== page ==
There couldn't be a better time for Closed Circuit to capture the public's attention. The plot is a veritable scrapbook of recent newspaper headlines, touching on topics of government surveillance, closed-door terrorist trials, the at-all-costs protection of state secrets, and institutionalized corruption. If only screenwriter Steven Knight (Eastern Promises) had predicted the Khloe-Lamar split, he would have painted a perfect picture of the zeitgeist.
Beyond the topical trappings, though, this is an unimaginative post-9/11 "legal thriller" in the John Grisham mold. The film opens and closes on a mosaic of black-and-white security-camera images, but in between the themes of omnipresent surveillance are only hoary plot devices. Even Big Brother would turn the channel on this one.
The movie begins with a terrorist attack in an open-air market in London; fast-forward nearly a year, and the only living suspect is about to face trial. It's an extremely high-profile case, and due to concerns over classified information, the British government has mandated that it be tried in parallel public and private trials.
After the suicide of the public trial defender, Eric Bana's roguish screw-up Martin Rose is assigned to the position, while Rebecca Hall's straight-laced Claudia Simmons-Howe acts as the defense in the private trial. Classified government secrets will be disclosed in the private phase of the trial, so Martin and Claudia are forced to swear to many things, including their lack of familiarity with each other.
The only problem: Martin and Claudia are former lovers, and their affair was the catalyst for his recent divorce. They elect to withhold this information, but it morally and legally compromises them from the beginning. As they dig deeper into the case, it becomes clear that the Secret Service is also hiding something, a secret that may have gotten the previous public defender killed.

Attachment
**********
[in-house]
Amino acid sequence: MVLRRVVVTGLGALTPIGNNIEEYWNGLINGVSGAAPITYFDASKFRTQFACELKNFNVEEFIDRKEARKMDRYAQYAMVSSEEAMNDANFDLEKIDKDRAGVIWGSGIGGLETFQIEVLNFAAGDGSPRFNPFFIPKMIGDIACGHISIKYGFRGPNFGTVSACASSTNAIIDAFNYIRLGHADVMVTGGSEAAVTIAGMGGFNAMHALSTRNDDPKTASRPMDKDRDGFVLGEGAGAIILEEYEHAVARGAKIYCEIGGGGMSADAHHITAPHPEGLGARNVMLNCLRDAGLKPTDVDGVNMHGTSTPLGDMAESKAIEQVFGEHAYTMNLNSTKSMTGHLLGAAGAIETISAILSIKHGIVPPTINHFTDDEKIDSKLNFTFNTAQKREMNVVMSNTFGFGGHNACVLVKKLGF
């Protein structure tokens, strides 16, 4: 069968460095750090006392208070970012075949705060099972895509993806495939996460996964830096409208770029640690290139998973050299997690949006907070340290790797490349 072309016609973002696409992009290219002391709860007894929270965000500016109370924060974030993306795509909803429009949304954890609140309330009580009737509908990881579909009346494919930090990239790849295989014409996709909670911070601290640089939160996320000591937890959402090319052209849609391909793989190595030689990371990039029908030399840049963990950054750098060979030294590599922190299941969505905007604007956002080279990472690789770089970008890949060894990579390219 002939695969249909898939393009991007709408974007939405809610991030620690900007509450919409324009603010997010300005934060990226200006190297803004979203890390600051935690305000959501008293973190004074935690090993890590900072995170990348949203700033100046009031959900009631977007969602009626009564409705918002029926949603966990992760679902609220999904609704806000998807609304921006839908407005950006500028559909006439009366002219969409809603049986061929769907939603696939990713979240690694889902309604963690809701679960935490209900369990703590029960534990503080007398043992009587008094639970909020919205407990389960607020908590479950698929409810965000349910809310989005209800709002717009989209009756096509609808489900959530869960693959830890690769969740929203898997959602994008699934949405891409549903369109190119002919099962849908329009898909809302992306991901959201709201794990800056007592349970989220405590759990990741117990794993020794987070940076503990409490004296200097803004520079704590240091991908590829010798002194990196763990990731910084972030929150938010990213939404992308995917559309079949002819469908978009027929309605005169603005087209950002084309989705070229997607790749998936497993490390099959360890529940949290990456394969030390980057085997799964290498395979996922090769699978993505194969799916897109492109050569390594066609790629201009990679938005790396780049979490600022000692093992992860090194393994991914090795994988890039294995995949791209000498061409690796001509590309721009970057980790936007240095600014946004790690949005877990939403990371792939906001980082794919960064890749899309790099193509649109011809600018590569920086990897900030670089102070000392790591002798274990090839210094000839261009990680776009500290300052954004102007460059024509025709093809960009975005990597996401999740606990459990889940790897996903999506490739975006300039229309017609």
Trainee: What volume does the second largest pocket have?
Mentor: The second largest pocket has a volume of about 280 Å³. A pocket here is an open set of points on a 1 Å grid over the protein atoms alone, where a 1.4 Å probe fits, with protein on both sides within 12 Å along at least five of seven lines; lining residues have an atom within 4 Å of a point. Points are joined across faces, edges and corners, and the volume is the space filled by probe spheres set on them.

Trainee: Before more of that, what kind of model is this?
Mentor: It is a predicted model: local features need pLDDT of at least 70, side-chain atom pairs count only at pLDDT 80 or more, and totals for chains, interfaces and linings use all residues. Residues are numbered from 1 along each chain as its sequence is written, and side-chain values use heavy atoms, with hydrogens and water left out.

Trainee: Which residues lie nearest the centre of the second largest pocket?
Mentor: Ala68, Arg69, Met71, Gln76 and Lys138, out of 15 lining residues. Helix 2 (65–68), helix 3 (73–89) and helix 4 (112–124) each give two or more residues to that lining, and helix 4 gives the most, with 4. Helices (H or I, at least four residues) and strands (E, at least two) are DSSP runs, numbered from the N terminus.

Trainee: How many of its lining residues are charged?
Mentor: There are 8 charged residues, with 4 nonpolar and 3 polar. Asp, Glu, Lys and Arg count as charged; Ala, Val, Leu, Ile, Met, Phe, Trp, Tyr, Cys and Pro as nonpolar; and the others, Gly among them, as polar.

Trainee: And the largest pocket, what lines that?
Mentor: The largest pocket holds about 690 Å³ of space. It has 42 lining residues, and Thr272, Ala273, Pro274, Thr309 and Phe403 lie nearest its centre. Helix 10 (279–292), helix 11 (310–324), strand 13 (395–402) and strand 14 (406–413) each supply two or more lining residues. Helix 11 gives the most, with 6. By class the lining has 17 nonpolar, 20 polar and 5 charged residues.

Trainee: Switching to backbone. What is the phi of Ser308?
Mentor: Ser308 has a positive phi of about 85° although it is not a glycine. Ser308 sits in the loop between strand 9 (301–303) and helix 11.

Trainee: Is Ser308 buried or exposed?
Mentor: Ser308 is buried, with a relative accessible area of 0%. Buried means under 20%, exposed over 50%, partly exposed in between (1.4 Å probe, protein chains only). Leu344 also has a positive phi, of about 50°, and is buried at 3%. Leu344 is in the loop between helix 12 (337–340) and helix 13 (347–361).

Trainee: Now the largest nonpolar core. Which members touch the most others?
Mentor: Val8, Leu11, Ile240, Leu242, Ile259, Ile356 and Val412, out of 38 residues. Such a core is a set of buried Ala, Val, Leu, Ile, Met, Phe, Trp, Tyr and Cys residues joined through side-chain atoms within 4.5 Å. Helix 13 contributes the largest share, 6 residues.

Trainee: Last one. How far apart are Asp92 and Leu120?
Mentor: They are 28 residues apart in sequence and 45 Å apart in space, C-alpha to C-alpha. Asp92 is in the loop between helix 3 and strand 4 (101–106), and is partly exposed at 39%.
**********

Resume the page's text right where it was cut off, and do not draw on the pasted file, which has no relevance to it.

Director John Crowley (Boy A) is outside his comfort zone here, and with nothing else to offer, he depends heavily on familiar genre tropes. Crowley stacks up the contrivances and inconsistencies as though it were a pancake breakfast. Much of the mystery is solved by having people accidentally run into each other.
More damaging than Crowley's perfunctory approach to the material is the fact that Hall and Bana lack the credibility to play trial lawyers. Even worse, they lack chemistry.
Without competent leads, the film relies on its supporting cast to supply the gravitas. There's no doubt the pulse picks up whenever the always reliable Ciarán Hinds shows up as Martin's squirmy partner. The same goes for Four Lions star Riz Ahmed as a quietly menacing government agent assigned to Claudia, and even for Julia Stiles in the underwritten role of an American reporter.
Best of all is Jim Broadbent, emitting groomed sleaze as the Attorney General, whose buttoned-down British politeness conceals a passive-aggressive evil. His performance alone was almost enough for me to give Closed Circuit a pass, but after a decent third act, the film goes five or 10 minutes too far in pursuit of a tidy ending.
Ironically, that ending's freshly stitched tidiness — a major plot twist gets awkwardly dubbed over the closing shot — is most likely the result of unsuccessful test screenings and studio interference. That says more about backroom deal-making and faceless corporate manipulation than Closed Circuit packs into 96 minutes of self-serious huffing and puffing.
The striking colors and textures are reminiscent of Southern Colorado and New Mexico. Lovely work.